“Here,” a voice said.
Lillian stood beside him. Her golem was holding the book that had escaped his reach, keeping it close. As soon as he turned, it reached out to drop it in his hands. He fumbled with it, but managed to keep it on his stack.
The girl continued looking at him after he got the stack of books together. What was he supposed to say? What was she waiting for?
“Thanks,” he said. In the large hallway, built for golems to walk side by side, it seemed like his voice echoed. There were a lot of other voices, but his seemed unnaturally loud to him.
She raised an eyebrow at him, then looked down at the book. “Programming class?”
“It’s an elective,” he said, shuffling the books into a better position in his arms.
“We’re in, like, seventh grade,” she said. “Isn’t that a higher level class?”
Wessel shrugged and ducked his head. He needed to get to lunch. He had to have time to look over the books. Lunch time was a part of the study time planned. Otherwise he’d fall behind.
“Why?” she asked.
Wessel blinked. Why? Nobody had ever asked him that. His parents were happy that he was taking an interest in harder courses, and excelling in them. They hadn’t asked him why. Nobody had.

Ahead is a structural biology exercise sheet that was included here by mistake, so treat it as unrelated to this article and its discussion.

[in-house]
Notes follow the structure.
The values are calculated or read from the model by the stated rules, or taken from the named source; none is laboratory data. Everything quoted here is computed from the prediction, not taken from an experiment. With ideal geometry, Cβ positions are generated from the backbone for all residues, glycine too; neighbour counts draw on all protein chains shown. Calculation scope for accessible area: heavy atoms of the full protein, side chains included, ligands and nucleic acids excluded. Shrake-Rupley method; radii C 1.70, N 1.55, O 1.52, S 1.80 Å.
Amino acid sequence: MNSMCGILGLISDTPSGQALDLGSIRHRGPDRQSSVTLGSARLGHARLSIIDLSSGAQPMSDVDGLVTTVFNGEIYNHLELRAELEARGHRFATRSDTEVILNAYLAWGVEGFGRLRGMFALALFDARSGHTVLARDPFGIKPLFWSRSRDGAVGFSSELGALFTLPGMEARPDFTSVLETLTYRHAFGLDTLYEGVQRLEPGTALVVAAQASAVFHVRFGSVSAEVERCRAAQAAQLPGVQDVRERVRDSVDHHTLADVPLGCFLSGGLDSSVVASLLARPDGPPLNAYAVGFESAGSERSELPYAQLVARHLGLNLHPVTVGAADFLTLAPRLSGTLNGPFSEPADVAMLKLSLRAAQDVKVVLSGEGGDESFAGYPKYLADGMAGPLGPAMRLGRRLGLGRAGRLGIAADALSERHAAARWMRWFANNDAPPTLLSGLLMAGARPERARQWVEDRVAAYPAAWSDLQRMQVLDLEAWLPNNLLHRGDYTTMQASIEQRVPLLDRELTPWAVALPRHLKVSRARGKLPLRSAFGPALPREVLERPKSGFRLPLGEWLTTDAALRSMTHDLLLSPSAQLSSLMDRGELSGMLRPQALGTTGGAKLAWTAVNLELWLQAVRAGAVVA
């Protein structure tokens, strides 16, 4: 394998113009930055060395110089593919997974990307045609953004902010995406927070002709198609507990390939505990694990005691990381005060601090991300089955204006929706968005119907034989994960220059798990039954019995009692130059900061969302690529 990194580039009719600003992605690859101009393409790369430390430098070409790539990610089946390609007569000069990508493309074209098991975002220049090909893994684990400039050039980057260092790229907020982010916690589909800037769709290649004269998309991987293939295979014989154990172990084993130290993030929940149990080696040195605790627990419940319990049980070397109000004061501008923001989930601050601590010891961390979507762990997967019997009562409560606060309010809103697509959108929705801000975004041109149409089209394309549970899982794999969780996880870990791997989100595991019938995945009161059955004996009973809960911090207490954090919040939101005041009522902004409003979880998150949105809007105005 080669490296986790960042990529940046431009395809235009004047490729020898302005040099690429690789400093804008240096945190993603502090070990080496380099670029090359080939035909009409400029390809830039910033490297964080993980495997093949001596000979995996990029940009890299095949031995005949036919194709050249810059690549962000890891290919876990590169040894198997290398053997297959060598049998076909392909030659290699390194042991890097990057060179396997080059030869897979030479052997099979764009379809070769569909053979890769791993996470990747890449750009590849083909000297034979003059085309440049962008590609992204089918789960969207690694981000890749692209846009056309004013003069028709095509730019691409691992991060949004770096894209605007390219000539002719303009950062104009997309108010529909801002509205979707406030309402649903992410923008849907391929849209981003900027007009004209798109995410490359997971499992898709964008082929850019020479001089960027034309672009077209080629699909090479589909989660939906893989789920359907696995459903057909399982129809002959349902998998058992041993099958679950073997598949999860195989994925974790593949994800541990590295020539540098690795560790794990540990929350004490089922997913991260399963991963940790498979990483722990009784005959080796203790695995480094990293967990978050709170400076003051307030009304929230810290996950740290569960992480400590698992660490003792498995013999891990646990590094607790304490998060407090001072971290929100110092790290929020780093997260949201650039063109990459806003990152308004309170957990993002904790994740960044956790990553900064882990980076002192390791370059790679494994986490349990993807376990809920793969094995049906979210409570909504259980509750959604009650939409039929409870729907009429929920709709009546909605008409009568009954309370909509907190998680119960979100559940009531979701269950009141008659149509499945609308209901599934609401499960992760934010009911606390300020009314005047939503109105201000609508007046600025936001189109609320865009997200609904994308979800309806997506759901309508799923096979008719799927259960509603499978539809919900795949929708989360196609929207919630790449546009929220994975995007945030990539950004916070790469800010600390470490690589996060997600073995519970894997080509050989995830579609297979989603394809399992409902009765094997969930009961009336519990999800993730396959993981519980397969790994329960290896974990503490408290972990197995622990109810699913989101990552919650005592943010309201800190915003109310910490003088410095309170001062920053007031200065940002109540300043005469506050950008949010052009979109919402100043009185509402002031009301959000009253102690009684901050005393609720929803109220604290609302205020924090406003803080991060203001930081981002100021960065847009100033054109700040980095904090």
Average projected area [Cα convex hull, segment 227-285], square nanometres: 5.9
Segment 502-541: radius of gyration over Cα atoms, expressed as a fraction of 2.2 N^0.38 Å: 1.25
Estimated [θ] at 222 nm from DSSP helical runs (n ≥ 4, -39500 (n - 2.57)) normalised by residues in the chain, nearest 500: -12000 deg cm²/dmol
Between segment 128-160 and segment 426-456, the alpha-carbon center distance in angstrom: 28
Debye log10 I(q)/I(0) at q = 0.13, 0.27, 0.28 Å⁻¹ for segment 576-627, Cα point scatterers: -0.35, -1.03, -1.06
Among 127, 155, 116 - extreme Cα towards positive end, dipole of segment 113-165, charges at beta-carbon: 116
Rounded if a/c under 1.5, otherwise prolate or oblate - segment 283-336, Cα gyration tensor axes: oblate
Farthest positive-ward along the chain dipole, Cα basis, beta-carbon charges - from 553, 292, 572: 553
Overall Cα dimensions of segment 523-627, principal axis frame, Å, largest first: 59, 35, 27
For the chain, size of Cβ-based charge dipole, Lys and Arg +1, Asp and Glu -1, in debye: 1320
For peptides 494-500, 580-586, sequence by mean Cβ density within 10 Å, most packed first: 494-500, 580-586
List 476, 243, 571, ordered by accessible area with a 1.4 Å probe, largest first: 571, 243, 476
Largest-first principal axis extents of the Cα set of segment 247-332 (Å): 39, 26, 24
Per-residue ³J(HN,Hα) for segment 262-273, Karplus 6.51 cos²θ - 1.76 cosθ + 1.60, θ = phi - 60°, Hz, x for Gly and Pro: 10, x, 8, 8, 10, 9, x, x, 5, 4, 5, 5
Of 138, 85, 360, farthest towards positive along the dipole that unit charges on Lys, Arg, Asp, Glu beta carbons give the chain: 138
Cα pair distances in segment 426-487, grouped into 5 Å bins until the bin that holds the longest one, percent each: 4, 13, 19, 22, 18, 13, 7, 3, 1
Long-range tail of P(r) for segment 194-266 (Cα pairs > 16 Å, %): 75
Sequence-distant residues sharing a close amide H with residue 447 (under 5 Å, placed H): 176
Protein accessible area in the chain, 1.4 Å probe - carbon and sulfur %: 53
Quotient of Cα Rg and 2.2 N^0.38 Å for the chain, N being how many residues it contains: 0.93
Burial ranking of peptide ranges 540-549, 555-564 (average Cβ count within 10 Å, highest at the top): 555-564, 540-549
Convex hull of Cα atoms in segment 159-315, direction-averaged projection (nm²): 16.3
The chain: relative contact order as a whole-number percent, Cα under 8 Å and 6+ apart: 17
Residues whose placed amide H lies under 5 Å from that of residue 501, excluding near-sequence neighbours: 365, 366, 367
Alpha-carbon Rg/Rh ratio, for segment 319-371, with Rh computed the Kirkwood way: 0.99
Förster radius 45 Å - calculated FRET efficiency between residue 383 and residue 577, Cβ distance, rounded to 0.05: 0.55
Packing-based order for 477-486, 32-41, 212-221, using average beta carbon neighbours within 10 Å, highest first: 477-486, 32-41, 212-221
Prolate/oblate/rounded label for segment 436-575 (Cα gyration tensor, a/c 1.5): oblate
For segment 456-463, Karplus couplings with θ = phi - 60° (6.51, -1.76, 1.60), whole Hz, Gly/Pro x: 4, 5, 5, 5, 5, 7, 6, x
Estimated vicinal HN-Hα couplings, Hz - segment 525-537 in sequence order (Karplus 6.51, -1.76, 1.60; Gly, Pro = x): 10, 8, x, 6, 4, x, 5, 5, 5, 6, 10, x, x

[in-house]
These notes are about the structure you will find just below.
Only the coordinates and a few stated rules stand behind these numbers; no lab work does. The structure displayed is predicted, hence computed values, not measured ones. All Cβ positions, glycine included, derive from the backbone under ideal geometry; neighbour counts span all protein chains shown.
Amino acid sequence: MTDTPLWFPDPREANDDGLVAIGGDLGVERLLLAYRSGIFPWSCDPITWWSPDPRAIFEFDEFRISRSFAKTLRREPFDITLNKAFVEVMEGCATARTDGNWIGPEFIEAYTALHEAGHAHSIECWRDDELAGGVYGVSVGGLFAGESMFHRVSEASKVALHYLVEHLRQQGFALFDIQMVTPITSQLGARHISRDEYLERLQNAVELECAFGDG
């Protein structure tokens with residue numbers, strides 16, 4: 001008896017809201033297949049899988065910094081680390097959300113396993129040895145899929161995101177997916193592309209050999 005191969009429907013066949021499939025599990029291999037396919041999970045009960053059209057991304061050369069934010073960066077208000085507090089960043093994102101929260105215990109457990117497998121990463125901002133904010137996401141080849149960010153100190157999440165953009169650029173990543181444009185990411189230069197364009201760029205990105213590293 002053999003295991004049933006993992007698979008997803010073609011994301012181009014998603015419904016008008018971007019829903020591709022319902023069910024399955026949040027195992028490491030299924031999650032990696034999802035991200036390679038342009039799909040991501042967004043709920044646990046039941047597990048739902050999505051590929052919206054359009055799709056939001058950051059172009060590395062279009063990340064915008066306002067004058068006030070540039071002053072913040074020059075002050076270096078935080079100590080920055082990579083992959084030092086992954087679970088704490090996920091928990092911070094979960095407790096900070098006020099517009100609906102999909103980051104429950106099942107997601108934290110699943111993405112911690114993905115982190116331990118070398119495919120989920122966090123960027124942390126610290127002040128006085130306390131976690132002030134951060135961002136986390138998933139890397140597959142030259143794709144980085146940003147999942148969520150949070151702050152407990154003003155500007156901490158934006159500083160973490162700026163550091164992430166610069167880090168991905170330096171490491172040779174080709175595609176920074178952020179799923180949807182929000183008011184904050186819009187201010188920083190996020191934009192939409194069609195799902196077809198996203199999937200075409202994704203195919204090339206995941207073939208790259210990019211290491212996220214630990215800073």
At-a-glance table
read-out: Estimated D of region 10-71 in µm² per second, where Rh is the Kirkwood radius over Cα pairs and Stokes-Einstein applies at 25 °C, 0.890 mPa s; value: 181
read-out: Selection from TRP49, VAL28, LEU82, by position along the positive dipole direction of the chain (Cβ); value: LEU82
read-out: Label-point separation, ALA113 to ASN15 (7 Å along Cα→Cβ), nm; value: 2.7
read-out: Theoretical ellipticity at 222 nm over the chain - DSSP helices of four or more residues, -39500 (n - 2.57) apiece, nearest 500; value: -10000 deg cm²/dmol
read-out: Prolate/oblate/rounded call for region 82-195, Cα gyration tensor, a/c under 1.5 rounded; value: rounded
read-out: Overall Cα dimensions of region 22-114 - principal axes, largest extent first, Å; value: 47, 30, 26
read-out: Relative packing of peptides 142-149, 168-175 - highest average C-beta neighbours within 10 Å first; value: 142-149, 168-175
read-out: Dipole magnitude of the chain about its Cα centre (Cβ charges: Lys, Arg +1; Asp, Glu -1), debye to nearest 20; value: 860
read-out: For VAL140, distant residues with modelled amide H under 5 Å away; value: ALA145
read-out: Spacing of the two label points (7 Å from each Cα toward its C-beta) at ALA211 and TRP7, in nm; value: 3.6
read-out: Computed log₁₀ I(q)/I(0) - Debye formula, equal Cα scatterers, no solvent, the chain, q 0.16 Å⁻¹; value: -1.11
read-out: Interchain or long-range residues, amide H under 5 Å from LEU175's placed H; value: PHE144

But this girl.
He stared at her, looked down the hall toward the lunchroom, then back to her.
“Here,” she said, and her golem took the books from his hand before he could react.
He swallowed and stumbled back.
“I’ll carry them for you. We have the same lunch break. Get your food.”
“Sure,” he said. “That’s what I was going to do.”
She nodded. “I’ll meet you at the table. We’ll talk.”
“But-” Wessel watched her go, her golem holding the books well out of reach of anyone who wanted to spill them in the floor. He could do that, once he got his golem. What was taking it so long?
But more importantly, he couldn’t talk to her. He needed to study. How could he do both?